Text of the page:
Snake, Rattle, and Roll—Watch Out Dogs, Cats, and Foals!
It’s summertime! It’s hot and dry--the perfect conditions for the rattlesnakes to be out and about. While pursuing outdoor activities like taking our dogs to the lake, playing out in the backyard, or riding our horses on the trail, it is also important to keep an eye out for rattlesnakes. Be aware that rattlesnakes are out there, they are dangerous, and we need to know what to do in case our animals become victims.
A rattlesnake bite is deadly because of its venom. Venom rapidly disables prey and initiates digestion of the tissue. Its main actions kill cells, cause damage to the vasculature, muscle, and nerves, as well as creates clotting abnormalities. Venom can cause your pet to go into shock and bleed to death. Interestingly death can occur within minutes, hours, days,or even weeks. Venom’s actions may have long-lasting effects if not neutralized. Each bite is unique because the amount of venom injected and the sensitivity to that venom varies greatly.
Although an animal can be bitten anywhere on its body, the most common sites are the face or the feet. The most common sign is rapid swelling of the site and surrounding tissue with two small black dots visible (the fang marks). While one pet may have severe swelling within 30-60minutes, others may be less noticeable and only show progression after 6-8 hours. However, either case is an emergency and should be seen by a veterinarian immediately! Other signs are: bruised gums, severe pain, lethargy, shock, and black or sloughing skin.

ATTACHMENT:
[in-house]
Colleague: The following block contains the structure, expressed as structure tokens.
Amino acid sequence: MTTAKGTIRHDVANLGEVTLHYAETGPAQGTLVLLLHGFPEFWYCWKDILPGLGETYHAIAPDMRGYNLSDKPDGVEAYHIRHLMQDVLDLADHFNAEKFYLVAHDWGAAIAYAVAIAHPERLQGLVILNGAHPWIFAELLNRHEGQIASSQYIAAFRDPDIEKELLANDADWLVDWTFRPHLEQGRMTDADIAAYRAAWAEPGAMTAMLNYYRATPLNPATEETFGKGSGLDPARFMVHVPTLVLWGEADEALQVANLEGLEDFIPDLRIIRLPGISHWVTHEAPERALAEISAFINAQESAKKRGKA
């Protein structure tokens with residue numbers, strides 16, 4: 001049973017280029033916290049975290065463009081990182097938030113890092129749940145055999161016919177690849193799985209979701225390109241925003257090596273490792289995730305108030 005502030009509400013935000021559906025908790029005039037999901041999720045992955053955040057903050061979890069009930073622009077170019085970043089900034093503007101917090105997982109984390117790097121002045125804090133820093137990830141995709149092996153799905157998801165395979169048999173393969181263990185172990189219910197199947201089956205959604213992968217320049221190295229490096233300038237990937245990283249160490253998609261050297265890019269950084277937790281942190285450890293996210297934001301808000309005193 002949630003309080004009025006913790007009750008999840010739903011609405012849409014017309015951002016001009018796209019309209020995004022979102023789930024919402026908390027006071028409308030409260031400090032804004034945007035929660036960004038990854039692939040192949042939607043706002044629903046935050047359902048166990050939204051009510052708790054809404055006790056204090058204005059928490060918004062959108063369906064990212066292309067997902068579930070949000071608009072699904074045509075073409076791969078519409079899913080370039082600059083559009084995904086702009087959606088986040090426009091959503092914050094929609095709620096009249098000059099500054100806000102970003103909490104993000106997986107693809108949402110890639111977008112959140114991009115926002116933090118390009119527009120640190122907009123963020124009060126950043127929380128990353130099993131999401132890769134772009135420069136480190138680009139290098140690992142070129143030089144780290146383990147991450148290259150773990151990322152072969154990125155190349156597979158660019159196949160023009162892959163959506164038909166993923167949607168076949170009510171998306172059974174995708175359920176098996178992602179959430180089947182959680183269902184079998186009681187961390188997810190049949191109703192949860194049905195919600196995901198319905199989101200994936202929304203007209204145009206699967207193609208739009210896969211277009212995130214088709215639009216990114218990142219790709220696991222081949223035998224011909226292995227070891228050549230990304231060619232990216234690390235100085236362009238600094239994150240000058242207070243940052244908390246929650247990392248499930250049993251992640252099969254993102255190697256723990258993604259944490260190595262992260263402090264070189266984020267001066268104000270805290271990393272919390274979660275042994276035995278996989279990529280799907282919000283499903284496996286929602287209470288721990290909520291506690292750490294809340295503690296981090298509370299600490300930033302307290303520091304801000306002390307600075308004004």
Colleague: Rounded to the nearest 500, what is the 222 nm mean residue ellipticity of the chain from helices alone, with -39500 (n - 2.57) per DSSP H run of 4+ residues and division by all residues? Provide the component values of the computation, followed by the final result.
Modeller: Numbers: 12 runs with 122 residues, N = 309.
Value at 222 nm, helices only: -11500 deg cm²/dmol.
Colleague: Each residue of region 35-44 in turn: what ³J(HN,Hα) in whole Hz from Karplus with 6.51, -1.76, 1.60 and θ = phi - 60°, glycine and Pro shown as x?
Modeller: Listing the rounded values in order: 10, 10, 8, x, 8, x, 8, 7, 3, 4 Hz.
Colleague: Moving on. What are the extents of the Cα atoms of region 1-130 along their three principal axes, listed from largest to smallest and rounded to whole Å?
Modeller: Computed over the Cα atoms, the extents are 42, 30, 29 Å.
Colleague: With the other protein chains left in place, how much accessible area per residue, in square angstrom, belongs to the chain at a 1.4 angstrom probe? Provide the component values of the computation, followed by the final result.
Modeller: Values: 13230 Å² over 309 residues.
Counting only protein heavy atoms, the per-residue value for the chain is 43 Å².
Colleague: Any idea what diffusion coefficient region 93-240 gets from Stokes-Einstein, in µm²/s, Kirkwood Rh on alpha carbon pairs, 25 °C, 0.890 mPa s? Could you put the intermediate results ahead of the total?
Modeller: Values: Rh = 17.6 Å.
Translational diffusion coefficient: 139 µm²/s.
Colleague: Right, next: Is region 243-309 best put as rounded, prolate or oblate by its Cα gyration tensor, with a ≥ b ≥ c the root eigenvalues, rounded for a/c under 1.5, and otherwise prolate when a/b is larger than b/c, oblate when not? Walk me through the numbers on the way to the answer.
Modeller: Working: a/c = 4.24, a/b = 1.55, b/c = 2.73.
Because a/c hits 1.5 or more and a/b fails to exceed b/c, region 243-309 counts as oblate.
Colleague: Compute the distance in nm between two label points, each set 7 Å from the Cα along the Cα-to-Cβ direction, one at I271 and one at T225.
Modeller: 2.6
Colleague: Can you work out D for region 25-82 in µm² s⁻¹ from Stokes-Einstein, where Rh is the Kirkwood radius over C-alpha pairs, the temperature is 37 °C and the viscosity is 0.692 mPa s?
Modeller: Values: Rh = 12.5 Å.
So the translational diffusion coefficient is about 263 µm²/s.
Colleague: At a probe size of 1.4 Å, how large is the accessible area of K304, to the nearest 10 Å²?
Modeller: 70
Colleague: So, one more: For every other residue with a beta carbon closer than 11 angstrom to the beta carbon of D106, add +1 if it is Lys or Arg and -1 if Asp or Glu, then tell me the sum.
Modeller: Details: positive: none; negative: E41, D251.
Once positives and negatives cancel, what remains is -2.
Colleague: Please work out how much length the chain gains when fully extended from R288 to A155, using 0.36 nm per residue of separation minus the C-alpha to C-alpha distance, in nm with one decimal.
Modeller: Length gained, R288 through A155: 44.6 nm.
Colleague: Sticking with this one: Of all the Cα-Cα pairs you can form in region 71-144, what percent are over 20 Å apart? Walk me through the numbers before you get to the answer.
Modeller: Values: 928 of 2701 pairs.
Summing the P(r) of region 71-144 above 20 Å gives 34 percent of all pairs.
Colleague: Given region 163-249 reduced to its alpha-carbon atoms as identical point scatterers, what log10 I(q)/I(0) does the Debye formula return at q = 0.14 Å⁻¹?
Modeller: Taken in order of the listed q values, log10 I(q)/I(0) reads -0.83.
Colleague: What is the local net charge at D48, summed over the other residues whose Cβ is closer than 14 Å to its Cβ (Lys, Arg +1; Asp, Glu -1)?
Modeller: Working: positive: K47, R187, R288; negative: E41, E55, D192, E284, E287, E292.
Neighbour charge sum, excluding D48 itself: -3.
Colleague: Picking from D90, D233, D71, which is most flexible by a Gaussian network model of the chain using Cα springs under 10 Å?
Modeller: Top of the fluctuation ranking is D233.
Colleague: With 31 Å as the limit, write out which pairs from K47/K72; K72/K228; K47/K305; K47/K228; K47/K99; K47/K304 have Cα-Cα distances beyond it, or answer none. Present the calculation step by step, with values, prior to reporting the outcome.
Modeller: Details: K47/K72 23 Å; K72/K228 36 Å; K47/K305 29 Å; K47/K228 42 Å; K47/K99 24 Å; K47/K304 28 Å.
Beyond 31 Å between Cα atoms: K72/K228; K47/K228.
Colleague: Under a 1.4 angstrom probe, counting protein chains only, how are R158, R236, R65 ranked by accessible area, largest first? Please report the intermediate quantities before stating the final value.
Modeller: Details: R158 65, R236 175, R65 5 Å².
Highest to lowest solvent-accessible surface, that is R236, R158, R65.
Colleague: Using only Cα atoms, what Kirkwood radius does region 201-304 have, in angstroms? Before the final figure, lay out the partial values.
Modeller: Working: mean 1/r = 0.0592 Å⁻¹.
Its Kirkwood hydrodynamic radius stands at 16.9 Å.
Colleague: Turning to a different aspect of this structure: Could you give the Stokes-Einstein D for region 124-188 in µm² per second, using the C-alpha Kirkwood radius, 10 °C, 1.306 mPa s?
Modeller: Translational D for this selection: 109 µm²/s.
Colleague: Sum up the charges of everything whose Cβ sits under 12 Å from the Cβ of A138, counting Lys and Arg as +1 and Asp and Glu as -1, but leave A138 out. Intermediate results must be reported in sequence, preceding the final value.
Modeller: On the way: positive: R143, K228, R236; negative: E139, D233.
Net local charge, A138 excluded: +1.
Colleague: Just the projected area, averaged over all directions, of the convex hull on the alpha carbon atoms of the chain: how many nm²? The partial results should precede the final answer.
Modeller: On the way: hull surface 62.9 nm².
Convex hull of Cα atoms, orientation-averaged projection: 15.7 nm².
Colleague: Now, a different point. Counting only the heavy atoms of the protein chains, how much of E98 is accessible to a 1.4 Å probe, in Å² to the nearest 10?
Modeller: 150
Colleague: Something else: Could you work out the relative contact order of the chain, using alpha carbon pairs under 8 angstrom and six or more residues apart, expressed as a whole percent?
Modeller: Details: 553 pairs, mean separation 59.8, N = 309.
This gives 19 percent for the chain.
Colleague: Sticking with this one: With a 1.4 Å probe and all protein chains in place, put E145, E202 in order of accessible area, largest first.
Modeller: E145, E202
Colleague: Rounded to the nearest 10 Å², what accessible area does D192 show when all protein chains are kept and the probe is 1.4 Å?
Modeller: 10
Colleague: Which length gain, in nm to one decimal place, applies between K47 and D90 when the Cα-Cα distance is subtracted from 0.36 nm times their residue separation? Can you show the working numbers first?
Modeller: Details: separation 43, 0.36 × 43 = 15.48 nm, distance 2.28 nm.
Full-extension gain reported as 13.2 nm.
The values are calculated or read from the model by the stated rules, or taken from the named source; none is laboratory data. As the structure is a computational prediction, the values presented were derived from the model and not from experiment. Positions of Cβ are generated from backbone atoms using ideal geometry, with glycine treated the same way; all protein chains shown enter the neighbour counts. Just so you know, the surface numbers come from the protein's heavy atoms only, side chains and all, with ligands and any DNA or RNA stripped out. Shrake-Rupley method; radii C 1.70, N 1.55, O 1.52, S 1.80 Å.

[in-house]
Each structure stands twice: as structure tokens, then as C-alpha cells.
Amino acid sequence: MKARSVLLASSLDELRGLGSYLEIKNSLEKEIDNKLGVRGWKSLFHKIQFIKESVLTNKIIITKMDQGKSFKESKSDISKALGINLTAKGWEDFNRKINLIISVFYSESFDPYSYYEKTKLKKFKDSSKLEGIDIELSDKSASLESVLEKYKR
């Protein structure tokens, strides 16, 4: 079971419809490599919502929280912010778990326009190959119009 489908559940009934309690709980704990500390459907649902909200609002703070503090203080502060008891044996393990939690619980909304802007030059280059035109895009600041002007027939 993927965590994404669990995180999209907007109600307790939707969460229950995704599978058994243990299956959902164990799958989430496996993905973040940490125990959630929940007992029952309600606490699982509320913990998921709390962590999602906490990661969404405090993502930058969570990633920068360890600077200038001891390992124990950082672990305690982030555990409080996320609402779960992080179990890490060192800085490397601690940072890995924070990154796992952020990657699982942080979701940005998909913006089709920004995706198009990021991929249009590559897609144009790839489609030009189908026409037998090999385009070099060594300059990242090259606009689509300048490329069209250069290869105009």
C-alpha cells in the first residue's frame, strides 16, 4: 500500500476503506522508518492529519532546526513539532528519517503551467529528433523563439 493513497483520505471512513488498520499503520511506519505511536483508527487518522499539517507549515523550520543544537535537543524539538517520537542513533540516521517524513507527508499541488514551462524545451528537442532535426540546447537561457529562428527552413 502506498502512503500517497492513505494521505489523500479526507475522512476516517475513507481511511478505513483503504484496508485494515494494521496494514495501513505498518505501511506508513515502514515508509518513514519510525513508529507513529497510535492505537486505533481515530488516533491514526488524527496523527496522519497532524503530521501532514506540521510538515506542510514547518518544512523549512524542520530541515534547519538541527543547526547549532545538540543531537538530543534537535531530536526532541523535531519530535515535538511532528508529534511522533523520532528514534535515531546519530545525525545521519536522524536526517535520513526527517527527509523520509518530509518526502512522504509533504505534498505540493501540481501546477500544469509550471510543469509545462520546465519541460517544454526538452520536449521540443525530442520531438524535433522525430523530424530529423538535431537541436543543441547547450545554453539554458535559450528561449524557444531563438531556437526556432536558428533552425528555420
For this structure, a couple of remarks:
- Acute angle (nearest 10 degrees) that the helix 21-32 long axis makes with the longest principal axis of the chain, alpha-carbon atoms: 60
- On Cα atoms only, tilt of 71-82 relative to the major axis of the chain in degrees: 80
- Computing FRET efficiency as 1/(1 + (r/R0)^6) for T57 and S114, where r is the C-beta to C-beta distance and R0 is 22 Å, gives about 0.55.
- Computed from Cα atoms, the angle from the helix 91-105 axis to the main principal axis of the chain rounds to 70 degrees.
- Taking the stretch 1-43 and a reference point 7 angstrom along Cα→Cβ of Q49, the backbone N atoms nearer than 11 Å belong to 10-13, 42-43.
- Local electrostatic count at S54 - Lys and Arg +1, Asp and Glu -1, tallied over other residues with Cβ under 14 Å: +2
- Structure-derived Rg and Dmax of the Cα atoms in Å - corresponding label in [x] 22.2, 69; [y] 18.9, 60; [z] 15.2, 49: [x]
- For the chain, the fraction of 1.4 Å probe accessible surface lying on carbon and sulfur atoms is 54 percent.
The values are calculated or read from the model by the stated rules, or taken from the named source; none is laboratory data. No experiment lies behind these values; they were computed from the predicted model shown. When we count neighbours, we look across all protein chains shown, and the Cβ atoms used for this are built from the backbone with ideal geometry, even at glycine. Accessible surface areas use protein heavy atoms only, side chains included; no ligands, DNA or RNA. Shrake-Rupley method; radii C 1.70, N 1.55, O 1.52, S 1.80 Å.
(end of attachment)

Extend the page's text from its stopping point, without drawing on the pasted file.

Horses are the most sensitive of all the domestic animals to rattlesnake venom. Horses bitten on the muzzle are in danger of suffocating if their nostrils swell shut—this is because horses cannot breath through their mouths. In this case, your veterinarian may instruct you tie the horse’s head in an elevated position and to place 10” pieces of garden hose up the nostrils. It is critical to be able to do this because it could mean the difference between life and death for your horse. In all instances, get a veterinarian as soon as you can!
The ONLY treatment that neutralizes snake venom and gives an animal the best chance of survival is anti-venom. There are other medical treatments that veterinarians will perform for supportive care, but the number one treatment is antivenom! Even if a pet was bitten two days prior, the antivenom is still beneficial—it can be used up to 60 hours post-envenomation. Be prepared, however, because antivenomis the most expensive drug in a veterinary hospital—about $700 per vial!
If you have any question as to whether your pet has been the victim of a rattlesnake bite, please do not wait or hesitate to call your veterinarian. Animals can still succumb to snakebites even if seen immediately and given antivenom, but their best chance is rapid treatment. Other helpful tips are: keep your pet inside during the hottest and driest parts of the day, walk the other way if you hear a rattlesnake (this often sounds like water hissing from a pipe!), and ask your veterinarian about the benefits of the rattlesnake vaccine